For me, one of the most enduring images of european art is the hands of Saint John rising towards the heavens in awe and ecstasy, in El Greco’s The Vision of Saint John. This is an image of the aforementioned Revelation, the moment when a mortal encounters the divine and tries to make sense of it—an idea perhaps as old as humanity. In the Ancient Greek myth, Leto asks her lover Zeus to appear in front of her in his true form, as proof of his love to her. To her demise, he obliges: he becomes pure fire and thunder and light, and burns the poor woman. (He just barely manages to save the twins from her womb, his own children, and raise them to become the gods of light, hunting and unannounced revenge.) The divine, the transcendental, the magical, the quintessential, all can be potentially experienced by humans but are at the same time destructive. The true essence of things always remains beyond human comprehension, and the moment we try to put the limpid incisions of a revelation from the beyond into words, it becomes like John’s Apocalypse: a text so full of symbols and mysteries that it dissolves language itself into a writhing nothingness.
It is exactly because of its burning light that the true essence of things remains concealed from the mind. The moment we approach too close to truth, it evades us. It dissipates into nothingness again, it escapes behind a smoke screen. This is perhaps the veil of the priestess in the tarot deck, the guardian of secret knowledge: and this is why I chose to hang Panos Famelis’s black drawing from the ceiling like a veil waving between us and the beyond. The mention of the veil also brings to mind a text by Petros Koublis, who describes consciousness as waving in the flowing creases of a veil moved by the wind. “The human spirit perpetually unfolds like a wavy veil, frail but confident, with a fragile but tenacious persistence in its sinuous movement,” he writes in his text for the Mythology of the Unseen series. And continues:
“For every new part which is revealed through this curvy progression, another one becomes hidden, partially distorted and eventually forgotten, unreachable, such as the foregone realities of our origin. For, in this case, our awareness is not subject only to a rational and precious knowledge built upon the foundations of reasoning, but also a matter of how accurately and intimately we perceive the ancestral parts of the human experience, these fundamental fragments that are getting covered by the veil, the links of the past that hold together the chain of our spirit's evolution.”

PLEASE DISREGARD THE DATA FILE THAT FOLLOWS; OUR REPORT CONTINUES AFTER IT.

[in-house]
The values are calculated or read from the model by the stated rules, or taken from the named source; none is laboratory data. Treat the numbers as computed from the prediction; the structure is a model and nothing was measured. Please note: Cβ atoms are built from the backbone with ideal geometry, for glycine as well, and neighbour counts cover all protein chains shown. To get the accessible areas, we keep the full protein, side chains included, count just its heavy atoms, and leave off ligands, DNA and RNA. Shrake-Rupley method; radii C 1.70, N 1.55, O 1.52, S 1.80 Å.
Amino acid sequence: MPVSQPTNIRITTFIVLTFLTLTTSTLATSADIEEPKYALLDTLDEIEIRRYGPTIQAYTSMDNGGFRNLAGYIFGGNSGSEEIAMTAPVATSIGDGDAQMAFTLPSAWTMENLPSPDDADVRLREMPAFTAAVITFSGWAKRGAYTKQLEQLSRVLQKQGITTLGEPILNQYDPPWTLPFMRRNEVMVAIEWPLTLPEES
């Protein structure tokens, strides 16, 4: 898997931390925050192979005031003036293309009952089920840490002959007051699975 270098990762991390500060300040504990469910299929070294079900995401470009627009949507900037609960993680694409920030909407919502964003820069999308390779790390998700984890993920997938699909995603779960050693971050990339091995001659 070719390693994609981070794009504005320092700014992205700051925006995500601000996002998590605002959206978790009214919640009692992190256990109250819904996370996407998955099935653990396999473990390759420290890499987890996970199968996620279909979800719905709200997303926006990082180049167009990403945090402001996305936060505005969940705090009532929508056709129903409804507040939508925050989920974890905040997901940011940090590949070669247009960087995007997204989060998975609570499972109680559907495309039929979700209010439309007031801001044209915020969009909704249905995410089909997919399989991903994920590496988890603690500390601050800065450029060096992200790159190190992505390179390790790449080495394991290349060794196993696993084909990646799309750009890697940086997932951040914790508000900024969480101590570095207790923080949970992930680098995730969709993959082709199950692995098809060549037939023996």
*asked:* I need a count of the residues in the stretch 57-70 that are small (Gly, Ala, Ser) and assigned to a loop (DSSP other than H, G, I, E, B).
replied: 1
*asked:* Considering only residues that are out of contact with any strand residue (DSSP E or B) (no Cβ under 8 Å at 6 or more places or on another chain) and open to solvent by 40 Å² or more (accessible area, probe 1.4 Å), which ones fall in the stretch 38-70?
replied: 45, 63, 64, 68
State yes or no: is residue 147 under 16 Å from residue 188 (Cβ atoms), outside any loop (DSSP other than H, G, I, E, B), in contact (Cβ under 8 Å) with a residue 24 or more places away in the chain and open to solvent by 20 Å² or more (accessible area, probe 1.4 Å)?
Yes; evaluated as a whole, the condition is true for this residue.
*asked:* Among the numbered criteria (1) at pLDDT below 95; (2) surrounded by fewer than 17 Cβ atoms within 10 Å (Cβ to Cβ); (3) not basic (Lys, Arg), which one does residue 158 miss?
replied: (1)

Koublis knows that truth-ness is unachievable by man, and reality is in fact a veil in itself, ever-shifting, ever-fleeting. But we also see in his writing that he is aware of that knowledge which is not conscious. Awareness does not equal truth, or to put it otherwise, the essence of truth is never conscious. The closest we can get to the “true form of Zeus” is bringing ourselves into a state of calm balance in front of the veil; standing there attentively, we might be able to catch a glimpse of the awesome revelations that dance and sing behind it. What we will make of them is another story altogether.
Much like glimpses from behind this veil are the images from the series The Desire for Consciousness by Maria Mavropoulou. She presents objects on a black background, isolating them from their context, abstracting them. Her intention is to create an “alphabet” of symbols that are devoid of meaning, waiting to be filled with meaning by the user. Right next to a large print from her series, a small work by Gerasimos Avlamis gleams with a faint golden light. Avlamis used the traditional materials and techniques of Byzantine iconography to create a work of abstract art: he first covered the icon wood with 24-carat gold leaf, then buffed it by hand to the point that it became like a mirror, then covered it with black tempera; once that was dry he carved vertical lines into the paint with a thorn to reveal the gold beneath. The result is like a golden cloud hiding behind a screen, or like a window into another world were we can see our selves as dark apparitions surrounded by a golden haze. In this work, we become Saint Void—but as is the case with every mirror, the reflection is always an image empty of life, well beyond our reach.